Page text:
Want to read Slashdot from your mobile device? Point it at m.slashdot.org and keep reading!


Forgot your password?
Slashdot Deals: Deal of the Day - Pay What You Want for the Learn to Code Bundle, includes AngularJS, Python, HTML5, Ruby, and more. ×

Comment We actually have a use for them... (Score 1) 261

My company actually has a quasi-legitimate use for curved screens. We make airplane flight simulators, and some of our larger ones have 180 degree wrap-around vision using 5 screens (ok, well, actually [pulls out a calculator] 225 degrees, being 5 sides of an octagon, but you get the idea). Correctly done, curved screens could make the experience more seamless.

Which is not to say that I don't consider them to be a gimmick intended to drive sales.

Comment Re:Freakin' Riders. (Score 1) 767

Something I wouldn't have thought of, seeing as how I'm living in sunny Northern California these days, and snow is a distant memory. I kind a miss digging it, well, hmm, exactly not at all. Nope. Still don't miss digging out of the snow. Ask again next year. :)

Still, surely there are ways of dealing with ice and snow that don't involve sending people 'round to knock it off with broomsticks. Airplanes deal with it all the time. At least in this case you don't get big hunks of metal falling out of the sky if they fail, and there are fewer issues of extra weight, aerodynamics and current draw that need to be considered.

"Point is that there is no winning here. Everything is a compromise."

I'm not sure "winning" is the goal here, and I'm not sure where to draw a line that shows "winning" on one side and "losing" on the other. But I don't think this is a zero-sum game. A compromise, yes, everything is, but I think an improvement, on balance. If you have to install heaters to melt the ice, you save less than if you didn't, but on balance you should save more than if you heat the lights all the time.

It's a problem that needs to be addressed, but it doesn't completely negate the advantages.

Comment Re:Freakin' Riders. (Score 1) 767

I like you guys. You do it much better than here.

There are ways to recycle that stuff here, too, but mostly we're not as good at making it convenient. And it's variable from place to place. How good it is in any one place depends on the whims of the state and local legislatures.

Comment Re:Freakin' Riders. (Score 1) 767

Me, I glue them into the socket. When I have to change the bulb, by God, I'm gonna replace the entire fixture!

Pisses off the landlord, too. Nothing is better for knocking bux off your deposit return short of trashing the place!

For my next trick, I'm going to pull up all the carpet and staple it to the ceiling. That way it stays clean and I won't wear it out.

Comment Re:Freakin' Riders. (Score 1) 767

Eh, perhaps. We came up with various ways to make light, and each one was an improvement over the last. The Edison bulb was simple, cheap, easy to make, portable, and so on so we used it for a few generations until we found a way to improve on it. Now other technologies have caught up and are surpassing its value, so we're starting to convert. One of the reasons it's taking so long is that the existing technology is entrenched; people want to keep using their old equipment, and they don't want to change how they're using it, so the new technology has to LOOK just like the old technology, while still providing an obvious improvement. e.g. It's easier to design a new lamp around LED technology than it is to design a replacement Edison base LED bulb that throws as much light as a 100W incandescent, but people want to replace their bulbs without replacing all their lamps.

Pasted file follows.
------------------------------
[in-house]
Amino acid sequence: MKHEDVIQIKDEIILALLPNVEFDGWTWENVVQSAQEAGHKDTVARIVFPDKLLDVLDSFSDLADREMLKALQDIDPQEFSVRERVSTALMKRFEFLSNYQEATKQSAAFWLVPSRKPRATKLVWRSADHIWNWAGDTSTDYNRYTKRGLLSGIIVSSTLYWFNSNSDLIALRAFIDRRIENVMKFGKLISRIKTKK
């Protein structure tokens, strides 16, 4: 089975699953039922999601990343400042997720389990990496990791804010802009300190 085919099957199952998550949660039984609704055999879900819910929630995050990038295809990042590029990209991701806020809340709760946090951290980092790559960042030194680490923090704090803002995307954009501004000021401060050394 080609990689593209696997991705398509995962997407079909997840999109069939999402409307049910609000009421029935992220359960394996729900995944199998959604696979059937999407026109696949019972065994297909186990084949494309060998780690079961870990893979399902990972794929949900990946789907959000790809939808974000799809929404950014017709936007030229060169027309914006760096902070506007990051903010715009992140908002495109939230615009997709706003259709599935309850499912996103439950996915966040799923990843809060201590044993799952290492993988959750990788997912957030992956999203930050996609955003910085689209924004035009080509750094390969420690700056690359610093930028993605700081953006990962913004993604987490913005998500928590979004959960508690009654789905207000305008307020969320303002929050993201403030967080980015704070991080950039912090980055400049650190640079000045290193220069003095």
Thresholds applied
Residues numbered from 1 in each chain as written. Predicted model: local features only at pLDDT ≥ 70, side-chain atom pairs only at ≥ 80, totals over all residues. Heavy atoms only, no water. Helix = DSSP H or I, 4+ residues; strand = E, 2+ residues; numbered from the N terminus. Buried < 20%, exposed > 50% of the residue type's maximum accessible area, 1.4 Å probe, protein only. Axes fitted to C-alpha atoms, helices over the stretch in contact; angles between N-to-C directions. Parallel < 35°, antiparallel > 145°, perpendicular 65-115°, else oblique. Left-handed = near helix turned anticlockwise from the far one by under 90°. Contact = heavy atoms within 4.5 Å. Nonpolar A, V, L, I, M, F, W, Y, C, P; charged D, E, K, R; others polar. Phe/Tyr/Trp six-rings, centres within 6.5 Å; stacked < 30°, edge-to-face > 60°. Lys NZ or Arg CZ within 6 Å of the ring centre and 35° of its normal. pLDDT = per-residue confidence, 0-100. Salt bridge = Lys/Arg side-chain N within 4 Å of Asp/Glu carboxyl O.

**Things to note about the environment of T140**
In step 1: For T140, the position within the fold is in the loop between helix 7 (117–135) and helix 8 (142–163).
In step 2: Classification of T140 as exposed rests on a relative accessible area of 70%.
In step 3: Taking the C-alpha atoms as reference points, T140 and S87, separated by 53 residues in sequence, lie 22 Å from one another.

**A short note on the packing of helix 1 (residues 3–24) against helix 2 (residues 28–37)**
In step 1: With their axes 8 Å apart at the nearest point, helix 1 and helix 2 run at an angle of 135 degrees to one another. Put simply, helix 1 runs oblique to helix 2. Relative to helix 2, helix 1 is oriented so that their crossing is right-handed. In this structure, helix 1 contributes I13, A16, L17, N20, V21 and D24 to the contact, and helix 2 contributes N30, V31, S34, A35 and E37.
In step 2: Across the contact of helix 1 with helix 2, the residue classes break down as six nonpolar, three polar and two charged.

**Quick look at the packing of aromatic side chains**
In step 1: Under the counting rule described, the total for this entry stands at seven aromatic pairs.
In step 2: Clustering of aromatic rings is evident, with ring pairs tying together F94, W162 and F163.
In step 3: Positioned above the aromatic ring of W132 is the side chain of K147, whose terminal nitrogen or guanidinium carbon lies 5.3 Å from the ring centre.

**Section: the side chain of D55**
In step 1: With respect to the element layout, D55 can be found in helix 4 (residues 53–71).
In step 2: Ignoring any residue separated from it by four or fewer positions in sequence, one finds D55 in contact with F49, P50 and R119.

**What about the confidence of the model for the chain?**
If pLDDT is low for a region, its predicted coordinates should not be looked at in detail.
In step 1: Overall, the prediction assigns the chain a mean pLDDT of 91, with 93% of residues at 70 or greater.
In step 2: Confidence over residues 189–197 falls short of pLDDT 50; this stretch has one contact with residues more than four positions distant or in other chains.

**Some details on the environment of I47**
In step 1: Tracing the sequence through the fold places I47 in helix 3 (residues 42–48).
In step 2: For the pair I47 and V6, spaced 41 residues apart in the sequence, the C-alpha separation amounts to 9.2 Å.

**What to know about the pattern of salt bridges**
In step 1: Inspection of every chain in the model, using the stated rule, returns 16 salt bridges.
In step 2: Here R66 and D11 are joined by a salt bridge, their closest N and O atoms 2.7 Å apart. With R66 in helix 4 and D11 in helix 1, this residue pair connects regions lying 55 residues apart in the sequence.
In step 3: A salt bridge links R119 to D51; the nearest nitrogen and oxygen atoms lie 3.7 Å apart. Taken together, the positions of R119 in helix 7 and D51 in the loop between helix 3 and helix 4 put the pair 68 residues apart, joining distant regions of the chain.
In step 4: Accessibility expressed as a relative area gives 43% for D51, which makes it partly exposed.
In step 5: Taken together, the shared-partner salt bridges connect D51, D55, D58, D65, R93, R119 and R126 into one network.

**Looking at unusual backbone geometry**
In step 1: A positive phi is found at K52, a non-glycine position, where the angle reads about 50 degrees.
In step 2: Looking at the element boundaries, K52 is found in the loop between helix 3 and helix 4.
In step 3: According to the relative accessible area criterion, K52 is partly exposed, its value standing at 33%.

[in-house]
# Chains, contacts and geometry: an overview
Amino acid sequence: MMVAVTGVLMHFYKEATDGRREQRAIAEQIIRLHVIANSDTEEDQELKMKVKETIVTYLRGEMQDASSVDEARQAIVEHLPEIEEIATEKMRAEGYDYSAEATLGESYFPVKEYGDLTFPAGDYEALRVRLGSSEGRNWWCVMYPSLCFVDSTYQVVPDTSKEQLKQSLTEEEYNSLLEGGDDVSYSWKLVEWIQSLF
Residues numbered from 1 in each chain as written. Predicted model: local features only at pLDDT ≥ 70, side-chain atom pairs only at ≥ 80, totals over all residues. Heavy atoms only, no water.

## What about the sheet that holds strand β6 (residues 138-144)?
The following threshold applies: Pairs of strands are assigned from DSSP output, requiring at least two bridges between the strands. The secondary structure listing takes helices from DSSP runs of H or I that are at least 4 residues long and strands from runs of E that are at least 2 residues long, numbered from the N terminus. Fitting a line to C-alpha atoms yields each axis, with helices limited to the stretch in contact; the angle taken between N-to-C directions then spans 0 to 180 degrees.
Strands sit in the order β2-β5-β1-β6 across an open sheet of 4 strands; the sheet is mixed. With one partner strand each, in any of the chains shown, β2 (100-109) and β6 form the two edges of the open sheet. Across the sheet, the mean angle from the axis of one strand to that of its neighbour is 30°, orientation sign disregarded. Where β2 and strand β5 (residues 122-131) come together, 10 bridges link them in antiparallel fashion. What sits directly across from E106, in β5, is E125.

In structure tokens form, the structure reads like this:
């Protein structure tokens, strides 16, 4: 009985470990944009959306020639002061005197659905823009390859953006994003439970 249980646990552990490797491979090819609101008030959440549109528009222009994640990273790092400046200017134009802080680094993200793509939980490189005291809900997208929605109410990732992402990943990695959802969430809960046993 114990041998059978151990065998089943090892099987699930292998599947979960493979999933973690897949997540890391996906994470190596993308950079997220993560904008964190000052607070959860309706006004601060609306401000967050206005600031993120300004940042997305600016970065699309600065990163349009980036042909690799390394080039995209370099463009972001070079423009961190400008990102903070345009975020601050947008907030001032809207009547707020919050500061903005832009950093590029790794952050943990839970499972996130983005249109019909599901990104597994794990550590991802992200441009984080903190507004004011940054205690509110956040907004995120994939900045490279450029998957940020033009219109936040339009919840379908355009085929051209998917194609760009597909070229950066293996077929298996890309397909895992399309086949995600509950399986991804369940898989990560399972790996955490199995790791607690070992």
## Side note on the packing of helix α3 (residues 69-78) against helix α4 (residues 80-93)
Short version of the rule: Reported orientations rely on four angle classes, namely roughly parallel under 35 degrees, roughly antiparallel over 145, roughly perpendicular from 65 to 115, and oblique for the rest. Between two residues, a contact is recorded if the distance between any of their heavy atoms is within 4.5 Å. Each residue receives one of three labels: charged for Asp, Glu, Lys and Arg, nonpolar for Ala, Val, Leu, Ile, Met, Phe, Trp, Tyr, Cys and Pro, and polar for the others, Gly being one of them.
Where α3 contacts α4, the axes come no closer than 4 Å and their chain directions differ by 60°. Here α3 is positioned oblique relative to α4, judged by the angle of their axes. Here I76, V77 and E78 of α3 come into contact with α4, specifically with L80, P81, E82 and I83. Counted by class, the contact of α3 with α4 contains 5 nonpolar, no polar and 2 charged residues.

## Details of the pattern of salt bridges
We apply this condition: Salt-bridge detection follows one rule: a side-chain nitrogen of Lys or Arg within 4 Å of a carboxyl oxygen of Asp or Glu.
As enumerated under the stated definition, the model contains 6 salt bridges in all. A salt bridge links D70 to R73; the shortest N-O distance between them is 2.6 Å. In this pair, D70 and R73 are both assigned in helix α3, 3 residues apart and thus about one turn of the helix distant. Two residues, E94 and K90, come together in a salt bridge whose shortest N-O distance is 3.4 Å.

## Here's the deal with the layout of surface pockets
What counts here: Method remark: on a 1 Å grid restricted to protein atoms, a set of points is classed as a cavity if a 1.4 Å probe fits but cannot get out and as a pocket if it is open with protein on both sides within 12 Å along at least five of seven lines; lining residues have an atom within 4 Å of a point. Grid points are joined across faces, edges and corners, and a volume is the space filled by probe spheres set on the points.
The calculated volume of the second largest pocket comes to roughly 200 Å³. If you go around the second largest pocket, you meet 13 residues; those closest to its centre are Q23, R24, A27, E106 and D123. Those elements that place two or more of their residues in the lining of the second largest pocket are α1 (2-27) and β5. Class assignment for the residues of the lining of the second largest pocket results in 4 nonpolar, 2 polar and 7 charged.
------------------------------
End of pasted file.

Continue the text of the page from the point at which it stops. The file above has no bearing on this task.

So anybody with any sense of perspective will actually be able to figure it out. Otherwise the same could be said for ANY techological advance. Recording audio on sticky tape and rust? How stupid is that? Solid state makes MUCH more sense!

Comment Re:Freakin' Riders. (Score 1) 767

"the only hard part is a switching power supply".

These days, switching power supplies are easy. I think the REAL hard part is heat dissipation. That's especially true when you're trying to make your light bulb fit into an existing socket; your form is limited by the function of an older technology. Whereas if you get to design the lamp from the ground up, you've got a bit more leeway.

And it's why high-wattage replacements are harder to find, very expensive and weigh a ton. I don't think I've seen anything higher than 100W equivalent in an Edison screw base yet.

"And it's revolutionized other industries - aircraft lighting is rapidly going LEDs..."

Absolutely. Probably the airport runway stuff too. I've seen lots of LEDs on commercial trucks, especially the marker lights, and a lot of newer car models use them for signaling. Also I've noticed a lot of traffic lights have gone LED. I think that's a tremendous savings. Not just the power, but consider how much it costs to change one of those suckers. (Remember: you have to roll a truck with a cherry picker, and redirect traffic... at least.) Swap one out every 20 years instead of, I dunno, once every year or two? And they can take damage and keep running -- I once saw one doing a perfectly adequate job with about 1/3 of the LEDs dark. Try THAT with an incandescent.

Let's organize this thing and take all the fun out of it.